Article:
Ever since the unexpected delay between XE12 and XE16, the Glass team has been in a near rapid-fire mode with the OTAs. There were a staggering 5 updates of XE16 in the month of April (6 if you count the 2-parter with XE 12.1) and 3 official versions of XE17 during the month of May. As it turns out, there may be a fourth, unreleased May update to Google's experimental wearable.
Following the release of full factory images for all supported Nexus devices, Google has begun pushing Android 4.4.3 to the Android Open Source Project (AOSP). The push is ongoing and should be complete within an hour or two.
The build numbers are KTU84M for the Nexus 5 and KTU84L for the rest of the Nexus devices. The AOSP branch is kitkat-mr2-release, with the tag most likely named android-4.4.3_r1 expected to arrive shortly.
Fun fact: because of the enormous expense of shooting on location, a surprising number of American television series are shot and produced in Canada. Often when you see "Chicago" or "New York" on the small screen, it's really Toronto or Vancouver standing in as a body double for an entire city. Supernatural's Winchester Brothers are almost always running around British Colombia, and the rolling Wild West frontier of Hell On Wheels is really Alberta.
Chromebooks are normally a little outside of our wheelhouse here at Android Police, but we figured that enough of our international readers would want to hear this that it warranted a post. According to this unaccountably rhyming entry on Google's official Chrome blog, Chromebooks will be available in nine new countries in the next few weeks.
Chile, Denmark, Mexico, New Zealand, Norway, and the Philippines should have models coming in a matter of days (Google says "starting today"), and Belgium, Italy, and Spain will get them in the next few weeks.
Update: T-Mobile has made a mention of Android 4.4.3 for the Nexus 4 as well. This update should move the handset up to build version KTU84L and weighs 91.7 MB.
T-Mobile has announced that the Android 4.4.3 OTA software update for Nexus 5s and 2013 Nexus 7s is due out starting today. According to information on T-Mobile's support page, the update will bump smartphone owners up to version KTU84M following a 77.9MB download.
Recently, Google's ambitious and public-spirited ventures are sounding less like the careful expansions of an international megacorp and more like the pet projects of Dr. Benton Quest. Self-driving cars, medical contact lenses, industrial robots - seriously, we're just waiting on a Walking Eye and Steve Ballmer in a villain costume at this point. The latest report from the Wall Street Journal (which tends to be spot-on when it comes to Google's plans) says the company is preparing a fleet of low-orbit satellites that will deliver Internet access.
A while ago, we posted about information we'd received indicating that sometime soon, Google's search functionality (and other actions) would be expanding beyond the Search app, moving into other apps for device-wide search interaction and - eventually - app-specific functionality.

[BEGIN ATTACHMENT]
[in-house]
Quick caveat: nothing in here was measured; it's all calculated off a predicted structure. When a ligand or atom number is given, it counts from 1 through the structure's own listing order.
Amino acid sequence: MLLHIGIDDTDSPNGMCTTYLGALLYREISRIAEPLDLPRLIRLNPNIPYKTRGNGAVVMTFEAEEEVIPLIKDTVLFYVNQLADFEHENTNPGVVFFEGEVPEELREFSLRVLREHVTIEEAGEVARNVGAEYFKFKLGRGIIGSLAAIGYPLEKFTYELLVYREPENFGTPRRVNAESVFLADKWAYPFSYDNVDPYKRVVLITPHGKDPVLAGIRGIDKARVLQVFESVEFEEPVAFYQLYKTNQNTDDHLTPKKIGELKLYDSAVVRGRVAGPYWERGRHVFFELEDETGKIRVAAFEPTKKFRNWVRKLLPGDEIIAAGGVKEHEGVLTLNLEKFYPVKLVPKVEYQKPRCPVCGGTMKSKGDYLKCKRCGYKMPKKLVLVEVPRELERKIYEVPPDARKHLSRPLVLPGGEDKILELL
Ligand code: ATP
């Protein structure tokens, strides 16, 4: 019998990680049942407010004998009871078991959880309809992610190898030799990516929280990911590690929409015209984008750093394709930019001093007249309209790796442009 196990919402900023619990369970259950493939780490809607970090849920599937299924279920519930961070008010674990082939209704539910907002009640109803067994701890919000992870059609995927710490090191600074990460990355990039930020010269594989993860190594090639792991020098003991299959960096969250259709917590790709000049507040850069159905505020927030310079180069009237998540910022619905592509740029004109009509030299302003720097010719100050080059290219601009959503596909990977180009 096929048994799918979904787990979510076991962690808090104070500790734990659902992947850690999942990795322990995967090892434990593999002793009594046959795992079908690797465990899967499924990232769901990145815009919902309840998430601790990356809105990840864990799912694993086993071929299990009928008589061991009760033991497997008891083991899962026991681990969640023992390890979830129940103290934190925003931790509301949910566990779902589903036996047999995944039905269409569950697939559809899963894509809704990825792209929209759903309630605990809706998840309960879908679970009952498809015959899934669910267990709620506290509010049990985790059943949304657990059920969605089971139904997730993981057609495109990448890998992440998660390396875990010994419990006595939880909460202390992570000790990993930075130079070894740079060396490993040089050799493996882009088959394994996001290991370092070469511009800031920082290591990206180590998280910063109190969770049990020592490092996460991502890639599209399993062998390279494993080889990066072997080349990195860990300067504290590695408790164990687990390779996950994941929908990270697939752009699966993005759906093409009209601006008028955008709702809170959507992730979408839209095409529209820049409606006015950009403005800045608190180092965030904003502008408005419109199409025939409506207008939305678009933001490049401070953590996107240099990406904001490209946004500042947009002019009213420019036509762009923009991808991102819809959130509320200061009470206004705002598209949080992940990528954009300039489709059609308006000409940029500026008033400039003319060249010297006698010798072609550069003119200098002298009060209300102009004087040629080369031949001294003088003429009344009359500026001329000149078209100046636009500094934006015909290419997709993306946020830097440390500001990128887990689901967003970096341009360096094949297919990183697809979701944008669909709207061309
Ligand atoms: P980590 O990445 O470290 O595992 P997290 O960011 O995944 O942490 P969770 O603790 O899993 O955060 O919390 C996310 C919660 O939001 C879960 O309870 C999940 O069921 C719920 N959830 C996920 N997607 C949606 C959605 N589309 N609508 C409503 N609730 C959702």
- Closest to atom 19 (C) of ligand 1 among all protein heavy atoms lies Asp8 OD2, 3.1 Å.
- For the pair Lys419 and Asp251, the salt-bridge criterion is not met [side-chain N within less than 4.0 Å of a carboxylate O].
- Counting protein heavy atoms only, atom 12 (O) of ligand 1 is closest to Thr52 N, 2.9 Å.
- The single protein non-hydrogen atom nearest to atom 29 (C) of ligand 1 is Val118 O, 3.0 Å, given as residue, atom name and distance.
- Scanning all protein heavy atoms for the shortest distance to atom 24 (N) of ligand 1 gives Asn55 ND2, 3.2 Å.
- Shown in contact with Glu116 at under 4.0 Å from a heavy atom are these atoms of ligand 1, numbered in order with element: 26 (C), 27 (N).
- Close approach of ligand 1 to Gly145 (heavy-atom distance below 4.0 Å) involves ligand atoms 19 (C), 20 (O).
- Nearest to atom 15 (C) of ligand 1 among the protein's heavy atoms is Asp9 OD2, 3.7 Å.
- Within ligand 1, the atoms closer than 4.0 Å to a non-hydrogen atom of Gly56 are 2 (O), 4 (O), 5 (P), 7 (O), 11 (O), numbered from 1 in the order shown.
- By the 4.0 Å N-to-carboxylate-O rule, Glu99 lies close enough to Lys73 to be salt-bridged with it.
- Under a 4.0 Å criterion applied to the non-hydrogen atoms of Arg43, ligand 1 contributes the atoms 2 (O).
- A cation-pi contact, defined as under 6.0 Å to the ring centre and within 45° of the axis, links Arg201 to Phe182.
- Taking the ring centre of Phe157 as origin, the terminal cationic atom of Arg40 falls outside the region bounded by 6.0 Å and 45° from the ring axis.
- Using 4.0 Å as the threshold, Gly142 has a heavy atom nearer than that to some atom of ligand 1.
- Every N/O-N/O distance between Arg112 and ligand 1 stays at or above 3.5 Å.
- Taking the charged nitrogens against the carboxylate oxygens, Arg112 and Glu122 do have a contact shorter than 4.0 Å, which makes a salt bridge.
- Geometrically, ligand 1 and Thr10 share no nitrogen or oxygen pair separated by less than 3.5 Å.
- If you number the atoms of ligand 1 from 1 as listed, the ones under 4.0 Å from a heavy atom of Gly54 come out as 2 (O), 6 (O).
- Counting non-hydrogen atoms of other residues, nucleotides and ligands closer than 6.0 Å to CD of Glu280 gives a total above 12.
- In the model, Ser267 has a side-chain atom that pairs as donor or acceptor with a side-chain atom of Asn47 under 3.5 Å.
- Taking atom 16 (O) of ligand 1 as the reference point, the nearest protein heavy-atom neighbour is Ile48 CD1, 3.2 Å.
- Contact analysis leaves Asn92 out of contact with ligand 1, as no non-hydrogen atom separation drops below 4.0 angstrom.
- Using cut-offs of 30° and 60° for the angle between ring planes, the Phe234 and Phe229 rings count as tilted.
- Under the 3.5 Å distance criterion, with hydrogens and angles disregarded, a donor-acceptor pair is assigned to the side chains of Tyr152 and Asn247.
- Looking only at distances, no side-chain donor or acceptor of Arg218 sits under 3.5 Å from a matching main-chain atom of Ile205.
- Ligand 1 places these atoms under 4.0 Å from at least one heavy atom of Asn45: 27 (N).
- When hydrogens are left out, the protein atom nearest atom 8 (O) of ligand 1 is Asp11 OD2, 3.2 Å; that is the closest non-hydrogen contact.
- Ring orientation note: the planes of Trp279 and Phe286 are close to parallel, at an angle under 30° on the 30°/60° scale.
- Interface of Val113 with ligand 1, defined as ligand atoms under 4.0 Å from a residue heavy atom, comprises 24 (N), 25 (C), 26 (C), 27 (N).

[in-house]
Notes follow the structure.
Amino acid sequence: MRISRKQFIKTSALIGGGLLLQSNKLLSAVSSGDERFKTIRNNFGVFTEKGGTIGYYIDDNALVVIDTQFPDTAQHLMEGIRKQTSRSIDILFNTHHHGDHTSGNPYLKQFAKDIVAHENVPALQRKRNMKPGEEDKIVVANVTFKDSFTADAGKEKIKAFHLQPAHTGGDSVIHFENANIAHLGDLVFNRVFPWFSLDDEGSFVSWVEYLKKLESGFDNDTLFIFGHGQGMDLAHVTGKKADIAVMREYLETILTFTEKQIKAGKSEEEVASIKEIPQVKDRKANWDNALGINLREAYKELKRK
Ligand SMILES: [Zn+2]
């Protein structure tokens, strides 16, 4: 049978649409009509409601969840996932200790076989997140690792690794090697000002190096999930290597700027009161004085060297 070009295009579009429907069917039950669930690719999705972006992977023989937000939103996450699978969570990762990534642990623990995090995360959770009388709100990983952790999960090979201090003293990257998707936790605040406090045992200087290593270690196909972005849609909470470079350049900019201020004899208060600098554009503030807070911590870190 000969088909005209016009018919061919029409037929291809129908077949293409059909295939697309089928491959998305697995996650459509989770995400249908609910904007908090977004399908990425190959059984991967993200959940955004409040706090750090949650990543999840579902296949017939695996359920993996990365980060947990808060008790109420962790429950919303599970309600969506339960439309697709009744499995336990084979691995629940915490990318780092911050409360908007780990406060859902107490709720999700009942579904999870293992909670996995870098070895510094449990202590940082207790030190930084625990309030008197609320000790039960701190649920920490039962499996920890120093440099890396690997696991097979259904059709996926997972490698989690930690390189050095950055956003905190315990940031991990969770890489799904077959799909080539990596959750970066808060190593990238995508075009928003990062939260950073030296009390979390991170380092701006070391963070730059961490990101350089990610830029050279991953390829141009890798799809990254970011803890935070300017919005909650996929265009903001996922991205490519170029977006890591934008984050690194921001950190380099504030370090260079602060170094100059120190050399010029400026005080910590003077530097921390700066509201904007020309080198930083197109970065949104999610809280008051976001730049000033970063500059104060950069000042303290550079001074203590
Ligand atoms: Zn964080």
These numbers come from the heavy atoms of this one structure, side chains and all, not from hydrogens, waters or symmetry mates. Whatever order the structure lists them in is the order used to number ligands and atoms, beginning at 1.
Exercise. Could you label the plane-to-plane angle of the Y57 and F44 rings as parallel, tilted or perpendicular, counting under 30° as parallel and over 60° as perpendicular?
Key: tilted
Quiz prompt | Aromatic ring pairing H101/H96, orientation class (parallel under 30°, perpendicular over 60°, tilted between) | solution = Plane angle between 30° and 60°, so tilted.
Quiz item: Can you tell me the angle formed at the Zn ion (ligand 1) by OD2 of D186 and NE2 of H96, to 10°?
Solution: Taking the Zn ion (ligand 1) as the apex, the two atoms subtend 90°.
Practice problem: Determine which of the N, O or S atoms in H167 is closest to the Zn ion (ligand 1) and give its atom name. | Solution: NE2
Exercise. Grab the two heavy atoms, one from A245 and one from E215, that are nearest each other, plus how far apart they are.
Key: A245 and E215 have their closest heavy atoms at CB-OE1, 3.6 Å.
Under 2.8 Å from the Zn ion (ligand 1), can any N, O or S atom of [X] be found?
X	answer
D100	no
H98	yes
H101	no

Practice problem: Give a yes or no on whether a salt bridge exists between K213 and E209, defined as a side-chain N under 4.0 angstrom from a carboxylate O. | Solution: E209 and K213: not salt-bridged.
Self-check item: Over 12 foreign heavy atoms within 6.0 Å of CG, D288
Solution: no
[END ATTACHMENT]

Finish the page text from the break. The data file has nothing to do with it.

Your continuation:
It appears that isn't the only Search trick Google is working on, though. According to the information available to us, Google is working on functionality for now known as KITT (get it?) or "Android Eyes Free" internally.
Let's face it: at this point, Google TV is a certified flop. For all its good points, its adoption was hampered by expensive hardware, limited apps, and a clunky interface. Google is hoping to revive their set-top plans with "Android TV," an as-yet unverified platform revealed by The Verge last month. Others found more details of Android code powering a Google set-top box in the Android 4.4.3 changelog. Now anonymous sources tell GigaOM that the device will get a formal introduction, if not a full rollout, at Google I/O in June.
Over the years, Google has been shoring up security on Android in a bid to make the operating system more attractive to governments and businesses, and to reduce the threat of malware for regular users. Unfortunately, these changes often come at the expense of flexibility in our beloved platform. As we close in on the next major release of Android, due to be announced next month, SuperSU developer Chainfire has discovered a set of commits to the Android Open Source Project (AOSP) that may seriously impact some of the functionality currently enjoyed by many root users.
Google's reinvention of the Chrome bookmark system, called Google Stars, was first spotted by Florian Kiersch nearly a month ago. Today, it looks like the Chrome extension and web interface are already live for the public, preceding any official word from Google about the burgeoning bookmarking service. For now, it looks like Stars is still in a dogfooding or testing phase.
Users who install the Chrome extension (linked at the bottom of the post) will be able to access the service's web interface, which will automatically "add the Google magic to your data," collecting a history of topics you're interested in or things you've bookmarked, arranged automatically by date.